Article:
Monday, January 1, 2018

Part Two of: Power--The Most Versatile Concept In Football

Perhaps the most versatile play in football is the power play. With one blocking scheme the offense can give the defense a multitude of different looks. We are a power run offense despite being based in the gun. We want to be physical and have the mentality that we are going to run the football and create explosive plays. We want to manipulate space and force the defense to have to have to defend the entire field. This helps to open up the box.

We have two main goals on offense. First, we want to find the leverage point. We define the leverage point as the area we have an advantage on the defense. Second, we want to put as many defenders in conflict as possible. Rather than running a concept from one formation and giving the defense the same look, we want to give them the same concept from several different formations with multiple backfield actions. This is why we like the "power" play so much.

The first way we install the power is as the traditional downhill power play. Our frontside is going to block gap away. The center is going to block back, the backside guard is going to pull through the first window, and the backside tackle is going to dig out the backside B gap to hinge. The offensive line is leaving the frontside End Man on the Line (EMOL) unblocked. When we originally ran power in the 90's, we ran it to a tight end. We blocked down on the frontside, kickout out the end man on the line with the fullback, and wrapped the backside guard for the playside linebacker. Here is an example of the two back power play from pistol.

A couple of years later we decided to make an adjustment and change who we kicked out. To marry all of our different looks on power, we began to kick out the first defender outside the offensive tackle. Defensive ends and outside linebackers tend to be dominating players on defense. Because of this, we want to be able to put them in conflict to slow them down. If they know that when they get a down block they will get a kickout block, the will be able to anticipate the kickout and box or spill the player based on the defensive call. However, if the defender doesn't know who is kicking him, or if he is being read, or if he is going to be cracked, he is going to hesitate. It is through this hesitation that we gain a tremendous advantage.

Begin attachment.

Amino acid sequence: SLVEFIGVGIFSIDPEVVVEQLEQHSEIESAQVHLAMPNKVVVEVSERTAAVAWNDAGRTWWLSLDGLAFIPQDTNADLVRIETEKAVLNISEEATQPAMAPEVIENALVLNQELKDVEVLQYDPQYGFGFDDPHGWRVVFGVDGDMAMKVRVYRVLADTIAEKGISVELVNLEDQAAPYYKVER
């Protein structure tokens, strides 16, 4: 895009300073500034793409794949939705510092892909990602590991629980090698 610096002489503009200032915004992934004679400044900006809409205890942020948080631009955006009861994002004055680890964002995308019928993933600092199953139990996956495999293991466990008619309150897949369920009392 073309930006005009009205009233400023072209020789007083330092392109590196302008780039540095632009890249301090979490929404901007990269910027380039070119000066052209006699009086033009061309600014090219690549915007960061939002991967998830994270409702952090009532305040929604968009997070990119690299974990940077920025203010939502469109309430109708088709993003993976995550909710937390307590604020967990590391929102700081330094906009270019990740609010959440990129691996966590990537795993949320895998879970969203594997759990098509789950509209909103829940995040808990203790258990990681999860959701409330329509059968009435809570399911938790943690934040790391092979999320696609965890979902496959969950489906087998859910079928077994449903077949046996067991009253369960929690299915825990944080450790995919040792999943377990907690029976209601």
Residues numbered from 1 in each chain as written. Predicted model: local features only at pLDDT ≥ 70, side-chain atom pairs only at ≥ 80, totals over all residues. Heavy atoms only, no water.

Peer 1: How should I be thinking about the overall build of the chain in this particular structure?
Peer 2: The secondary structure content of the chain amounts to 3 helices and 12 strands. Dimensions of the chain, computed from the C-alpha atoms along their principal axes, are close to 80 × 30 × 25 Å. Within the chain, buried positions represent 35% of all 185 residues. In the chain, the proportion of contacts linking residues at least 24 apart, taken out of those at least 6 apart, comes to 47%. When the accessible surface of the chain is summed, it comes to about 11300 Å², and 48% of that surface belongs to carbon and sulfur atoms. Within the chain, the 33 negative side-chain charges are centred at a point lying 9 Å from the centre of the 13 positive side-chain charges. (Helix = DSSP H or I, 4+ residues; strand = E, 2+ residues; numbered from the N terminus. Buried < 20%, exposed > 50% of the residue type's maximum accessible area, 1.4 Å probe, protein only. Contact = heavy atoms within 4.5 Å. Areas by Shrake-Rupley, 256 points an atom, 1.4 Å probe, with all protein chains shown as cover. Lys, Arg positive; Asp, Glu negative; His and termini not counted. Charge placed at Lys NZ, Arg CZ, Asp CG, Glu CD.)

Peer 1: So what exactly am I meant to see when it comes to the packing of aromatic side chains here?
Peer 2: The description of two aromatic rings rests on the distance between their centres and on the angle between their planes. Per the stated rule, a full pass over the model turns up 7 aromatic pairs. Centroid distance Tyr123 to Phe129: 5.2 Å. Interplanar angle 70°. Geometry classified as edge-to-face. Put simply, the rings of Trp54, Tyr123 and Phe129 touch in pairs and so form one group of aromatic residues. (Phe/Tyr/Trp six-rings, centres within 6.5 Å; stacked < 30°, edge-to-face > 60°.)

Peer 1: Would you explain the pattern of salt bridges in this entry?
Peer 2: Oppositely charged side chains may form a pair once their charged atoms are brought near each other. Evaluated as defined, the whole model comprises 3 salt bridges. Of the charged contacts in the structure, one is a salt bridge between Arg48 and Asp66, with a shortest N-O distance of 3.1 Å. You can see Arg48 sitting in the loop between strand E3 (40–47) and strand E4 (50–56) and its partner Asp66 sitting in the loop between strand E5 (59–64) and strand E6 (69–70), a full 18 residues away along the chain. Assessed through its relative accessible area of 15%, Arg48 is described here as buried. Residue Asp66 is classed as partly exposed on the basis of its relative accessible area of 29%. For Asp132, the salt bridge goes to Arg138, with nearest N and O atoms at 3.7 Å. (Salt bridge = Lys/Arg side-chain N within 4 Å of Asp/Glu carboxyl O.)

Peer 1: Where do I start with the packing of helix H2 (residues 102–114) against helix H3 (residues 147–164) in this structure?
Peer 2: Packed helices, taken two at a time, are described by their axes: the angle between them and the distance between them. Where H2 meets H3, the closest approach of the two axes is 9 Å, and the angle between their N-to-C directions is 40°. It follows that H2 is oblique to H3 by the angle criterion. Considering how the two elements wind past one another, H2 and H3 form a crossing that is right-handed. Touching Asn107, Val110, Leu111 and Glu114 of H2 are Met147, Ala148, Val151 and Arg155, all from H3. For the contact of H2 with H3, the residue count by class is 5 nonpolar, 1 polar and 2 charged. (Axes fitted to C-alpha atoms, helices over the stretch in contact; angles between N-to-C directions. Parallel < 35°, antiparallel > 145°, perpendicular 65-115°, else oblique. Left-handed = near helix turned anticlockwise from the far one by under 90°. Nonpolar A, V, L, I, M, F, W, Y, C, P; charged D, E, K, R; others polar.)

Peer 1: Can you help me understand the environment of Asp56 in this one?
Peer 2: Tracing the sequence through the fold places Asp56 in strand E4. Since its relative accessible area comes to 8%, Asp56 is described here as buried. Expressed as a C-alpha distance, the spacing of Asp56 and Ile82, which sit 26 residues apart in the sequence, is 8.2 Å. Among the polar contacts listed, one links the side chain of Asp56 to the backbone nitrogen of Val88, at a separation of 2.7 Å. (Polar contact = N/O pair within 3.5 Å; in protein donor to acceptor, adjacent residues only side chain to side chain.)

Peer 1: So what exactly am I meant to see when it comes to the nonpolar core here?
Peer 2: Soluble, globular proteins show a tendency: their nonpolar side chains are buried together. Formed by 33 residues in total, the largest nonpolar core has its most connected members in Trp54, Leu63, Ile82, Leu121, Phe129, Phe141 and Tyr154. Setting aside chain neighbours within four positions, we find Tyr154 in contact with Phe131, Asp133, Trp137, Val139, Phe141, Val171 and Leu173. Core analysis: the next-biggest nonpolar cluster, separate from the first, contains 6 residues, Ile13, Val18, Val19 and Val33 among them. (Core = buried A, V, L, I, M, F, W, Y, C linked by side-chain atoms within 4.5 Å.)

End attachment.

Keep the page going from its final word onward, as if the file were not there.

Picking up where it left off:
Below is an illustration of power kicking the first player outside the tackle.

When we adjusted the blocking we had a simple rule for the running back. Our rule for the back was to hit the A gap until you can't. We wanted him to get downhill and stay inside the kickout block. Another variation is the have the QB open away from the play and mesh with the back. This forces the defense to hesitate slightly as they don't know if the point of attack is to the mesh side, or away from the mesh side. We can also offset the back to or away from the side we were running power. 

Here is an example of Power kicking the C gap player.

Because we want to keep the EMOL guessing, we can exchange the assignments of the pulling guard and the kickout player. This is a great variation from two and three back sets. In the three back look, the frontside back will block the primary force player. The backside guard will pull and kick out the end man on the line, while the backside back will lead through the window. The quarterback can open to the play, or away from the play.

Another variation of this concept is the power read. The offensive line blocks power. The backs and receivers execute their assignments as if we are calling an outside run. Instead of kicking out the first man outside the tackle, we read him. 
Below is an example of the power read play.

If the backside B gap defender is giving the offense a problem, they can make a GUS call, which means guard stay. Because the backside back can replace the puller, the backside guard can now protect the backside B gap. This allows the center and frontside guard to combo the nose.